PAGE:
Volume 555, July 2013
|Number of page(s)||10|
|Section||Stellar structure and evolution|
|Published online||10 July 2013|
1 ESO – European Organisation for Astronomical Research in the Southern Hemisphere, Alonso de Cordova 3107, Vitacura, Santiago de Chile, Chile
2 ESO – European Organisation for Astronomical Research in the Southern Hemisphere, Karl-Schwarzschild-Straße 2, 85748 Garching, Germany
3 ESAC – European Space Astronomy Centre, Camino bajo del Castillo, Urbanizacion Villafranca del Castillo, Villanueva de la Cañada, 28692 Madrid, Spain
4 Zentrum für Astronomie der Universität Heidelberg, Landessternwarte, Königstuhl 12, 69117 Heidelberg, Germany
5 ESO/ALMA – The European Organisation for Astronomical Research in the Southern Hemisphere/The Atacama Large Millimeter/Submillimeter Array, Alonso de Cordova 3107, Vitacura, Santiago de Chile, Chile
Received: 19 February 2013
Accepted: 26 May 2013
Aims. The luminous blue variable (LBV) R71 is currently undergoing an eruption, which differs photometrically and spectroscopically from its last outburst in the 1970s. Valuable information on the physics of LBV eruptions can be gained by analyzing the spectral evolution during this eruption and by comparing R71’s present appearance to its previous outburst and its quiescent state.
Methods. An ongoing monitoring program with VLT/X-shooter will secure key spectral data ranging from visual to near-infrared wavelengths. Here we present the first spectra obtained in 2012 and compare them to archival VLT/UVES and MPG/ESO-2.2 m/FEROS spectra from 2002 to 2011. The discussed data include pre-eruption spectra in 2002 and 2005, a spectrum of the transitionary phase between quiescent and eruptive state in 2007, and spectra of the eruption in 2011–2012. Information on R71’s 1970s outburst is taken from the literature.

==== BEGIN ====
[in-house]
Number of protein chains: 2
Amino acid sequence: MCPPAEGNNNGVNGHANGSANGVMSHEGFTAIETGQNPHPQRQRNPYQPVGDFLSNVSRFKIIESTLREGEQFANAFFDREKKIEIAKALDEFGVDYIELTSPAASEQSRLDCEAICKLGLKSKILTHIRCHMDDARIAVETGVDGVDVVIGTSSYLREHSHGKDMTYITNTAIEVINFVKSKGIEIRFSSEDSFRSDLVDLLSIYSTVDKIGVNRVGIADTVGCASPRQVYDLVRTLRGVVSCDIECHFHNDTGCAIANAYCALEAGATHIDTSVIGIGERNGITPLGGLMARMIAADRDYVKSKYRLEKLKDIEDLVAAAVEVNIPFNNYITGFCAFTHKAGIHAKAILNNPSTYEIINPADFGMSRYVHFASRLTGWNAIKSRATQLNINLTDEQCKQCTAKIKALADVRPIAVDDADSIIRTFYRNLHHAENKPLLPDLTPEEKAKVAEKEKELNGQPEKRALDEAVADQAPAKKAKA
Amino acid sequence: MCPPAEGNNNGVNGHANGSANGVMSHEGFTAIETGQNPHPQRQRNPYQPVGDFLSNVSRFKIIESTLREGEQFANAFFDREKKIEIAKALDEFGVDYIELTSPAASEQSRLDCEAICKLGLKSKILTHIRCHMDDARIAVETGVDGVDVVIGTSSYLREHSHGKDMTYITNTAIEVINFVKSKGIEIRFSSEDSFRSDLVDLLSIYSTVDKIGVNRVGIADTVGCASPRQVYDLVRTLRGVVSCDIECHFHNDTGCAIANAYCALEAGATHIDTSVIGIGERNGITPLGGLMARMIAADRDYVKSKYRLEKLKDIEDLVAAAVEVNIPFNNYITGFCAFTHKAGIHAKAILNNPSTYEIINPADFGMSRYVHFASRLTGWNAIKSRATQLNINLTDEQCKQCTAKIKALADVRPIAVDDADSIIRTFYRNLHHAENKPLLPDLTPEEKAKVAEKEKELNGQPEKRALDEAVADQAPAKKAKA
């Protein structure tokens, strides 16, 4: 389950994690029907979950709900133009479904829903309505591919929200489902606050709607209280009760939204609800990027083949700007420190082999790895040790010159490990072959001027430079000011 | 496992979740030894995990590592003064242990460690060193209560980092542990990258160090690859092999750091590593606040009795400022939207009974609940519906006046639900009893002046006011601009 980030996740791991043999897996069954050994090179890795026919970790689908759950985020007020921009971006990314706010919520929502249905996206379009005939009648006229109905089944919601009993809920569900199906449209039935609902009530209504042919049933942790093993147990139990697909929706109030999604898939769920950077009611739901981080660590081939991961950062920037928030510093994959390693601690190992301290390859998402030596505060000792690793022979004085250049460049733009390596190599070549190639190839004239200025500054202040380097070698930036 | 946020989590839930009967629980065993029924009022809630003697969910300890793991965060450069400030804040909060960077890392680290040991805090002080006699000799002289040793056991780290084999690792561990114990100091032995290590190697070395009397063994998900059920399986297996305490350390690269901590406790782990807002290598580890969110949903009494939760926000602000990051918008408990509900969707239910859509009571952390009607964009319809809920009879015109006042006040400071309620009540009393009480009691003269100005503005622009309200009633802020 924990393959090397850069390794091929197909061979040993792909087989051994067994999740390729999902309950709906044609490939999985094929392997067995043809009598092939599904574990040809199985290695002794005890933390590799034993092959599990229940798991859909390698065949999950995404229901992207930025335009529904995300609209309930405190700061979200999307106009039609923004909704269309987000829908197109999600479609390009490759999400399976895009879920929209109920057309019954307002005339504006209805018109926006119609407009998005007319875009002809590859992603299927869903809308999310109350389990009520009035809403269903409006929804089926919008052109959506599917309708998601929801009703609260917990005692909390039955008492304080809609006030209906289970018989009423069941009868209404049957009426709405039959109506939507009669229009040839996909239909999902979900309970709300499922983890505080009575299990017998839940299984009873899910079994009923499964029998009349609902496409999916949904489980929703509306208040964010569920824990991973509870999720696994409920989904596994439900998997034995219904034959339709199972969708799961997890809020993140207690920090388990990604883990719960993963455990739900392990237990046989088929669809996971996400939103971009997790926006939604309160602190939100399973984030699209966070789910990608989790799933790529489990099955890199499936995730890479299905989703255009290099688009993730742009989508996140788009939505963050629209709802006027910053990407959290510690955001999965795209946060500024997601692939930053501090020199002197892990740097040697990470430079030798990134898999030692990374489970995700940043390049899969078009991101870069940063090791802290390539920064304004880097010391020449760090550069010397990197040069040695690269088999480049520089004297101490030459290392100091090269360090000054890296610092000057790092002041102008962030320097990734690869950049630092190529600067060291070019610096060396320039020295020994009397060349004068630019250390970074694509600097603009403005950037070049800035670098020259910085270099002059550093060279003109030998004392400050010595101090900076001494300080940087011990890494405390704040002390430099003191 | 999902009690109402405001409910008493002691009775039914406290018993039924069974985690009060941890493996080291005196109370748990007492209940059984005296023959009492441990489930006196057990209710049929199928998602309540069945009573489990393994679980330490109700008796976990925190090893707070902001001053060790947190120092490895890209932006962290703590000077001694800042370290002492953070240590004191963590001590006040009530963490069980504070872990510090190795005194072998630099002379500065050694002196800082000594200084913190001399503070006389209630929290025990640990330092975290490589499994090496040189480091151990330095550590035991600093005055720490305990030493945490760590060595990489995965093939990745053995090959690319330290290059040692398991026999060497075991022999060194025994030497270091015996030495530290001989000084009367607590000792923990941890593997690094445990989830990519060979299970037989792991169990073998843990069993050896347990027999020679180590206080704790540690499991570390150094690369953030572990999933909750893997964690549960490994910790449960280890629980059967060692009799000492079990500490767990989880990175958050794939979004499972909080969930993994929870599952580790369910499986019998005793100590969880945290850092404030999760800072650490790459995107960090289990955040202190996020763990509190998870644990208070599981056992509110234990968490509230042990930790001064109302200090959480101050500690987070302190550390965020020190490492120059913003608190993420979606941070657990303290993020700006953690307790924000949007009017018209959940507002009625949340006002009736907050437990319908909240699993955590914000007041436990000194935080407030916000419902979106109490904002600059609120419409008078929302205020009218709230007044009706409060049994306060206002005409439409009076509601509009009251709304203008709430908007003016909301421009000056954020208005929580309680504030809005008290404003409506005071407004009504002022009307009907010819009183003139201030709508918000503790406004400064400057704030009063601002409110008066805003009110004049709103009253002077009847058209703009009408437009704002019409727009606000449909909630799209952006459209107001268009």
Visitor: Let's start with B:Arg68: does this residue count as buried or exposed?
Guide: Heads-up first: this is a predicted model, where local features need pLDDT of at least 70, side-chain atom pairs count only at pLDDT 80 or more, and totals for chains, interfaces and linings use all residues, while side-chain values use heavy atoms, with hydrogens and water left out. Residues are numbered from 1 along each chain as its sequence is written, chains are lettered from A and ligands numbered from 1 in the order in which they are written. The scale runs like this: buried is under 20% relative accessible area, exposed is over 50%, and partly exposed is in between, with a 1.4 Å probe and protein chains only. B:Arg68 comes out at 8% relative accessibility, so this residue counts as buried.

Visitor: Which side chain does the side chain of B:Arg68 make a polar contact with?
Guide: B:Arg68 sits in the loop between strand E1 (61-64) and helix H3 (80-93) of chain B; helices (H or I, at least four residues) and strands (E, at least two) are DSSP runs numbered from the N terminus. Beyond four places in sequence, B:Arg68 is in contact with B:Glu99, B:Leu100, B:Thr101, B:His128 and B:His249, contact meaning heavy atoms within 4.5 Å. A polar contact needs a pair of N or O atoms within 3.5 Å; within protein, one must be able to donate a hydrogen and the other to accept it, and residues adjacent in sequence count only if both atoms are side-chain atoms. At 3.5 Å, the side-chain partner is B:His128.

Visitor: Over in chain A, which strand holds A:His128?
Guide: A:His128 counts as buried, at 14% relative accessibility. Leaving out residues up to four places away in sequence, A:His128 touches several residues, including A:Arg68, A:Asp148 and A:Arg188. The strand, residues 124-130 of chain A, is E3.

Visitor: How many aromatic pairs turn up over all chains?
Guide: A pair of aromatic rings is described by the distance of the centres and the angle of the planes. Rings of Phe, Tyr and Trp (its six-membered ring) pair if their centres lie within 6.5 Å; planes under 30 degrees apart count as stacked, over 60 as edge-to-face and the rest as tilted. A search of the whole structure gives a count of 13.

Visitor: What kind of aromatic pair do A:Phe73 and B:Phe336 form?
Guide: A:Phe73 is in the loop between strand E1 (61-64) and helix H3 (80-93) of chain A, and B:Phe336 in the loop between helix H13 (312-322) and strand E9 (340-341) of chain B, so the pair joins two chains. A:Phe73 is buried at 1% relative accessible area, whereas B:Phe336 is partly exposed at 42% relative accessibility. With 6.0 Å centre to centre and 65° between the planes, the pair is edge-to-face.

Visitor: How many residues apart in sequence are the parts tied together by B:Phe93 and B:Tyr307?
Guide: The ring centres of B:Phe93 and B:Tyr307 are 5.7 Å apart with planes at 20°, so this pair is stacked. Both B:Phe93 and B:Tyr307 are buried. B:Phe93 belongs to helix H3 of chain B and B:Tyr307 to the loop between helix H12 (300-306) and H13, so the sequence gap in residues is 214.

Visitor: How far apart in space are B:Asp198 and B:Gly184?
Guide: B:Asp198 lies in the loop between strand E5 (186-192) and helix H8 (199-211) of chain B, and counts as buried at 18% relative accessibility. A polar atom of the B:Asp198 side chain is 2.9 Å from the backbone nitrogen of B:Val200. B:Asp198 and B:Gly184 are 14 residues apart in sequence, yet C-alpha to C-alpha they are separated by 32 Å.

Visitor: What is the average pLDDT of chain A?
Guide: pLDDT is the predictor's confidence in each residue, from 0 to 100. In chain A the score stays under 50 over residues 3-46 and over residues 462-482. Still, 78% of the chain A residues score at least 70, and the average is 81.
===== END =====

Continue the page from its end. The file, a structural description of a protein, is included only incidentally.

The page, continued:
Results. The 2011–2012 spectra are dominated by strong neutral and singly ionized metal absorption lines likely formed in a large “pseudo-photosphere”. We find an unusually low apparent temperature of R71 of only Teff,2012 ~ 6 650 K; the star resembles a late F supergiant. R71’s visual lightcurve had a maximum in 2012 with mV,2012 ~ 8.7 mag. Given the uncertainty in the extinction toward R71, this corresponds to a bolometric luminosity of Mbol,2012 ~ − 9.8 mag to − 10.3 mag. R71’s 2011–2012 spectra do not show H i and Fe ii P Cyg profiles, which were present during its last outburst in the 1970s and which are normally observed during LBV outbursts. Low-excitation forbidden emission lines and Fe i P Cyg-like profiles from a slowly expanding nebula became apparent in late 2012. These lines originate likely in the rarefied region above the pseudo-photosphere up to 13 AU from the star.
Conclusions. The rise in R71’s visual magnitude and the low apparent temperature of its pseudo-photosphere during the current eruption are unprecedented for this star. R71 most likely increased its bolometric luminosity by ΔMbol = 0.4–1.3 mag compared to its quiescent state. The very low temperature of its pseudo-photosphere implies a very high-mass loss rate on the order of ṀR71,2012 ~ 5 × 10-4 M⊙ yr-1 compared to Ṁquiescence ~ 3 × 10-7 M⊙ yr-1. The apparent radius increased by a factor of 5 to about 500 R⊙. No fast-moving material indicative of an explosion is observed. The changes in R71’s photometry and spectrum are thus likely consequences of a tremendously increased wind density, which led to the formation of a pseudo-photosphere.
Key words: stars: variables: S Doradus / stars: winds, outflows / stars: individual: R71 / stars: massive
Based on observations collected at ESO’s Very Large Telescope under Prog-IDs: 69.D-0390(D) and 289.D-5040(A) and at the MPG/ESO 2.2-m Telescope under Prog-IDs: 076.D-0609(A), 078.D-0790(B), 086.D-0997(A), and 087.D-0946(A).
Table 1 is available in electronic form at http://www.aanda.org
© ESO, 2013
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